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Uncertainty before the Judge

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As George Groening explains though, the judges were not harsh with every CO. Everything depended on the mood of the judge and the responses of the CO.


“In November 1940 I received notice to appear before the Honourable Justice Adamson on December 10, 10:00 a.m. in Morden, Manitoba . I had been taught to believe that the judge and judicial system were always fair and impartial to all. As I watched the proceedings, it seemed that this was not always the case. It seemed that when the judge either grew weary or bored with the repeated hearings, he would single out one person and ask him some really difficult questions. [ASP, 95-96]


  Listen to Henry Gerbrandt tell his story before the judge.

For many COs, this was the first time that they would have to defend their beliefs before an strange authority figure. Jake Krueger was typical of the young CO. Although he was sincere in his beliefs, the pressure of the situation was very intimidating. Some COs believed sincerely in pacifism, but didn't know how to express it. In cases like this, some used a booklet called "Katechism on Non-Resistance" to prepare for the judge.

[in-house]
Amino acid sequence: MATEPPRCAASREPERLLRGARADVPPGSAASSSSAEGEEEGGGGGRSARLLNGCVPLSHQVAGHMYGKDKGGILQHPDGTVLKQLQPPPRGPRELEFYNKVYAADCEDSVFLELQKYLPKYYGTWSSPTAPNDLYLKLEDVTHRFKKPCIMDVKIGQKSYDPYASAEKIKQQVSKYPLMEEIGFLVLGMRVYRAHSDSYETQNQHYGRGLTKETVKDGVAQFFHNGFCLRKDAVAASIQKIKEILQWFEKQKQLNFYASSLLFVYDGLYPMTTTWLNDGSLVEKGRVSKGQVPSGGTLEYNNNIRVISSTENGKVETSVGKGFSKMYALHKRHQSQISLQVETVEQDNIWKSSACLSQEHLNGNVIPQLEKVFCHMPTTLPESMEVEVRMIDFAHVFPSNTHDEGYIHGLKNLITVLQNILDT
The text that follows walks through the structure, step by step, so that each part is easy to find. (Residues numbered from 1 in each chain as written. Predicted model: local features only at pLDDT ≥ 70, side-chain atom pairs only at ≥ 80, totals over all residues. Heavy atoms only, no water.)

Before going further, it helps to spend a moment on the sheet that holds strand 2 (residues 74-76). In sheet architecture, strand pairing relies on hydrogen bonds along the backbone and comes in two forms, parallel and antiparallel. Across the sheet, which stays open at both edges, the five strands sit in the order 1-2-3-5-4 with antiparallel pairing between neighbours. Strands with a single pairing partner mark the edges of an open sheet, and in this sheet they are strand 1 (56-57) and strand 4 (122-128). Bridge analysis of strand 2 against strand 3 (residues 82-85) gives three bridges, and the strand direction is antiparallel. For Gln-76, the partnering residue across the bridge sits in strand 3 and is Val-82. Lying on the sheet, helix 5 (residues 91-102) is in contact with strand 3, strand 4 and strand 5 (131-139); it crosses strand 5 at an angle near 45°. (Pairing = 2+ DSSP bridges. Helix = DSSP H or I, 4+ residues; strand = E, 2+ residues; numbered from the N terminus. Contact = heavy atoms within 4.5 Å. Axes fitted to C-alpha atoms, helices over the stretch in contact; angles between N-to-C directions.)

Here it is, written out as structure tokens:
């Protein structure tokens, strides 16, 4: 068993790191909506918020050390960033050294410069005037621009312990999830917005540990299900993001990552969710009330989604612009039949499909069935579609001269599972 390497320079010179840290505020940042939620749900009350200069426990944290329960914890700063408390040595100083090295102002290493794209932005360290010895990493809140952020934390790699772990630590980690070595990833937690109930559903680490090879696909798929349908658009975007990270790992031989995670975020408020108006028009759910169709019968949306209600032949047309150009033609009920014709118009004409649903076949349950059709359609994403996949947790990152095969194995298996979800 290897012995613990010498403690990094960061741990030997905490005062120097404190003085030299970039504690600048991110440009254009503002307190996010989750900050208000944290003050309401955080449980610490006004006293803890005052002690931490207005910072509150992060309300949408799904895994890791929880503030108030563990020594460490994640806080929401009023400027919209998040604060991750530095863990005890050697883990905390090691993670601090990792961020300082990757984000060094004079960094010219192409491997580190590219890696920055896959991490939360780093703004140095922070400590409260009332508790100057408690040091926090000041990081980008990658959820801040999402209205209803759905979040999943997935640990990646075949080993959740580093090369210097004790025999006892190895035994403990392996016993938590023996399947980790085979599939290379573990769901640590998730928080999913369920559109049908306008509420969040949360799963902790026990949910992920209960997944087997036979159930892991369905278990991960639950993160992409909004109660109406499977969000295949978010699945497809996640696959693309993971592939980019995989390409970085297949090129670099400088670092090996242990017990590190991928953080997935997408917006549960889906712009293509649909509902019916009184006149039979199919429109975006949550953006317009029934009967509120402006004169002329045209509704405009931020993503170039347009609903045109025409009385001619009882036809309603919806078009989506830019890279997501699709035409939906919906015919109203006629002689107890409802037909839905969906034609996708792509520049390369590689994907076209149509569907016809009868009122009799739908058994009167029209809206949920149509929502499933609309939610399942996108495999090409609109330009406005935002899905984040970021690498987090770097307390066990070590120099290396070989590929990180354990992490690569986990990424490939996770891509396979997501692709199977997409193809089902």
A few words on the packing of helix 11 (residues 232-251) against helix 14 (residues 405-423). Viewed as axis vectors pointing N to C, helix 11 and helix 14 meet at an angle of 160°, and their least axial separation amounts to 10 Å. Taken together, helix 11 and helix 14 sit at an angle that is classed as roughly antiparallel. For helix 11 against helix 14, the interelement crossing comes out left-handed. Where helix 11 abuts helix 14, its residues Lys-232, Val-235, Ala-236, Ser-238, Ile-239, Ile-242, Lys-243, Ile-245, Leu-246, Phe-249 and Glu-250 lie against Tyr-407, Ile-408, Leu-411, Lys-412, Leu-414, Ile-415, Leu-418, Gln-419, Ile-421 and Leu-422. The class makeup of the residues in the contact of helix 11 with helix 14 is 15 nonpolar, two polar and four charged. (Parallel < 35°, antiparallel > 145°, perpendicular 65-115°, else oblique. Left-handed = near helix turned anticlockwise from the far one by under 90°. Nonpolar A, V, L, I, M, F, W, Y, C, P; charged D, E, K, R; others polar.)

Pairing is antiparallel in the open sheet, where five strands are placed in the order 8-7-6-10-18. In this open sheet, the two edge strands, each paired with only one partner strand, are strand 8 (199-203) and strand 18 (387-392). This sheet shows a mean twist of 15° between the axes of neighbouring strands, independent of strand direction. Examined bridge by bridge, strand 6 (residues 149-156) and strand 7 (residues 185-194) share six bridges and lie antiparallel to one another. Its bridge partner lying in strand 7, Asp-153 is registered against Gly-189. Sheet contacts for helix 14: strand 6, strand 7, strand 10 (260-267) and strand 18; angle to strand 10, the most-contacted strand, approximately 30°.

“When I appeared before Judge Adams [sic] in the Morden Courthouse, I was actually visibly shaking with apprehension and fear, as this imposing, white haired, walrus-moustached ogre glared down at me from his raised podium firing questions at me.”


“Never having been very robust, barely weighing 138 lbs. after a hearty meal, my slight frame fluttered as I desperately looked around for moral support to my father and a minister who accompanied me.”


“I was so intimidated by the judge and his questions, it totally escapes me how I answered them, but I'm sure if he had accused me of starting the war, I would have acknowledged guilt.” [ASM, 234]


Not every CO had such a negative experience. Henry Poettcker, for example, had an easier route. For one thing, he was one of the fortunate ones who avoided the judge.


“The man before whom I appeared was a provincial representative, not a judge…. In appearing before him, I was simply asked whether I was a conscientious objector. When I answered ‘yes', he asked no further questions.” [MHC, 1015-2]


Jacob A. Klassen doesn't recall any problems either.


“We were a group of young men waiting in the corridor. Then one by one were asked into the courtroom. Separately interviewed. Questions – Are you a CO? Why? Are you opposed to our country? Would you be willing to do any alternative service? I was treated with respect, and my word was honoured. I did not have to take an oath, but an affirmation was sufficient.” [MHC, 1015-62]

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